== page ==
After too long a wait, the Canon 5D Mark IV is finally here. Though the first consumer batch only started shipping this week, I was lucky enough to have gotten my hands on a pre-order model before they were sold out.

I placed the order for my Mark IV on Tuesday of last week (August the 30th), and I took delivery of it yesterday (September the 8th). As I was one of the first people in Hong Kong to pre-order the camera, I also receive a miniature Hansa Canon model, an 8GB USB in the shape of the EF 16-35 2.8L III, and a SanDisk Extreme Pro 32GB SD card as freebie gifts.

The new 5D Mark IV comes in the standard black and grey box that all single-digit Canon bodies come in.  I honestly find it surprisingly simple for a 3,500 dollar camera, but hey it’s what’s on the inside that matters, right?

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Opening up the box you’ll find the instruction manuals, warranty card, and software CDs. Obviously you won’t find anything spectacular here. The basic Canon warranty is good for 12 months, and you can choose to extend it for an extra fee.

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Underneath the “paperwork compartment” are the real goodies. The camera itself is packaged decently with thin plastic and plenty of bubble wrap. The compartment on the left contains a charging cable for the battery charger and a USB cable for the camera.

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Underneath is the neck strap, the LP-E6N battery, the battery charger, and a Canon Eg eyecup. The two cables are seen on the right.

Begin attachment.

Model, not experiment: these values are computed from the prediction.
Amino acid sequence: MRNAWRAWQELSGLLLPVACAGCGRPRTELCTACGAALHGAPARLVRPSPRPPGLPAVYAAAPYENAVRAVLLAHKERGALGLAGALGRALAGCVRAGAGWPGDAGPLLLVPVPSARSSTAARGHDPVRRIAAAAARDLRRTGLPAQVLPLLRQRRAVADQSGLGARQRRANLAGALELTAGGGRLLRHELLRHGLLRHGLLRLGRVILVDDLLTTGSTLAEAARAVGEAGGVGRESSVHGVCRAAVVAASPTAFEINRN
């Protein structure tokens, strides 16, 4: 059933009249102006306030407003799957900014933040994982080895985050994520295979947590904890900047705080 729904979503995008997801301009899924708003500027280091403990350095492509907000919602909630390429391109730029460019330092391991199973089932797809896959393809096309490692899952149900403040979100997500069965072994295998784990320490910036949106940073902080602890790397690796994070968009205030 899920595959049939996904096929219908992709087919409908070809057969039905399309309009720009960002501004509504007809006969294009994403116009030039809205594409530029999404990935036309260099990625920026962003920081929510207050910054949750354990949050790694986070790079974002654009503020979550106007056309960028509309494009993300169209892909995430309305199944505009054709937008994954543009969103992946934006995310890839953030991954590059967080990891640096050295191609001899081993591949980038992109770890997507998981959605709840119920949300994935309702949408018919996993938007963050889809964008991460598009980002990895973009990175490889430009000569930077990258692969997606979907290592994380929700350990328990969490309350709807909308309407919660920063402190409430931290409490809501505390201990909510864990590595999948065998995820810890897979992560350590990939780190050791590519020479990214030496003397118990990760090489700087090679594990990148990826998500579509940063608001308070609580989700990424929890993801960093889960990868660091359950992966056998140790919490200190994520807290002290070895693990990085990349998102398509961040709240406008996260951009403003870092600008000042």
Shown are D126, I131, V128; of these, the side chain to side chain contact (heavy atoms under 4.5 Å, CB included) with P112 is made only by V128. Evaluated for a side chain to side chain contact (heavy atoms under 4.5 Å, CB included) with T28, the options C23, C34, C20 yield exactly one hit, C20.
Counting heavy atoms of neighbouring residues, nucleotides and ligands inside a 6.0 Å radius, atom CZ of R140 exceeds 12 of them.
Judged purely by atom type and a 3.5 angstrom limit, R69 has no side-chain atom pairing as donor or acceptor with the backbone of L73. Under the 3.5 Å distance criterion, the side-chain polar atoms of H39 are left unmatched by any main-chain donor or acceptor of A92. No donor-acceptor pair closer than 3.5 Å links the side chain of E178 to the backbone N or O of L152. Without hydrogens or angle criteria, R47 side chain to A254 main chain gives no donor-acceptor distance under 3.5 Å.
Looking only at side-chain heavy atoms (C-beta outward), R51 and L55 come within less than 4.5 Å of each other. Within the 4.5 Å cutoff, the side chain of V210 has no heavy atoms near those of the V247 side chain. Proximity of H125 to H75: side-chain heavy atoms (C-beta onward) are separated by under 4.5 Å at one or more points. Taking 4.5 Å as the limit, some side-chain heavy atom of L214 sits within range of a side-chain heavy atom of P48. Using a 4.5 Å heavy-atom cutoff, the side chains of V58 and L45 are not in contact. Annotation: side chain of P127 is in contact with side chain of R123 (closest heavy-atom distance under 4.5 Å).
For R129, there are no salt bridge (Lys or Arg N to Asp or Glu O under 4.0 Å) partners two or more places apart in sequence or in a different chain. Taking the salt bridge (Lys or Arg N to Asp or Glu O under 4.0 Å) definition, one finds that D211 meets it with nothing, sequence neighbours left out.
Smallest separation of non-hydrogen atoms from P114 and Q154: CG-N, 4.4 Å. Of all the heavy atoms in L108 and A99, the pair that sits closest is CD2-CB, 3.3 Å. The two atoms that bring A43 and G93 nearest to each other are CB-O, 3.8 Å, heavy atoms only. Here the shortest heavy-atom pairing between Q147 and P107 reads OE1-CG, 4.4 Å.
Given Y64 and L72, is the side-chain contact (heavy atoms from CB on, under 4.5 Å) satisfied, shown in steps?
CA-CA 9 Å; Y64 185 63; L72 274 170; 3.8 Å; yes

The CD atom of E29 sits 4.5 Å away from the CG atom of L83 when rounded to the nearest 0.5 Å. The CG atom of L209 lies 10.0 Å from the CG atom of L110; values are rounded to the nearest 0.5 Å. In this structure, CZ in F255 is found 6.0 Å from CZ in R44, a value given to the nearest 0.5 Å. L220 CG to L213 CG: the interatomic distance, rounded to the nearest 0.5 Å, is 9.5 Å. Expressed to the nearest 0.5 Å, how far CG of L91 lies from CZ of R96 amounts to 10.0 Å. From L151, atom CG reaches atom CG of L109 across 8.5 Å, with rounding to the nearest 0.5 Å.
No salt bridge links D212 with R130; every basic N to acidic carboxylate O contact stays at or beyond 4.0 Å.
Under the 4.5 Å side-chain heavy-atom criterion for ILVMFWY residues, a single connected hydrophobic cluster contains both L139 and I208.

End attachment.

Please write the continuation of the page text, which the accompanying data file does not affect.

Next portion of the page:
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The build quality and ergonomics of the Canon 5D Mark IV is very similar to that of the Mark III, and pretty much what you would expect from a top-of-the-line Canon DSLR body. With a magnesium alloy body, it looks and feels significantly more sturdy than my old 70D, which had quite a noticeable plastic feel to it. The Mark IV does in its construction than the Mark III (mainly to help with GPS/WiFi signals), but the difference is not very evident as the plastic is of rather high quality.

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The back of the Canon 5D Mark IV is nearly identical to that of the Mark III, with the addition of a small multi-function toggle near the joystick that can be bounded to several different functions. I’m currently using it for quick switching between different AF modes (manual vs auto point selection etc).

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Though I haven’t been yet been able to fully test the new Mark IV, my first impressions are very positive. Despite some very obvious shortcomings in terms of video recording, the Canon 5D Mark IV is a spectacular stills camera, which is what it’s supposed to be. The high ISO noise performance is amazing, with images at ISO 256000 coming out cleaner than what I get at ISO 1600 or 3200 on my 70D. The dynamic range is also several steps ahead of the Mark III, which received some criticism for having poor dynamic range. The Mark IV is a great all-rounder camera, and I can definitely see it matching if not exceeding the popularity of the Mark III.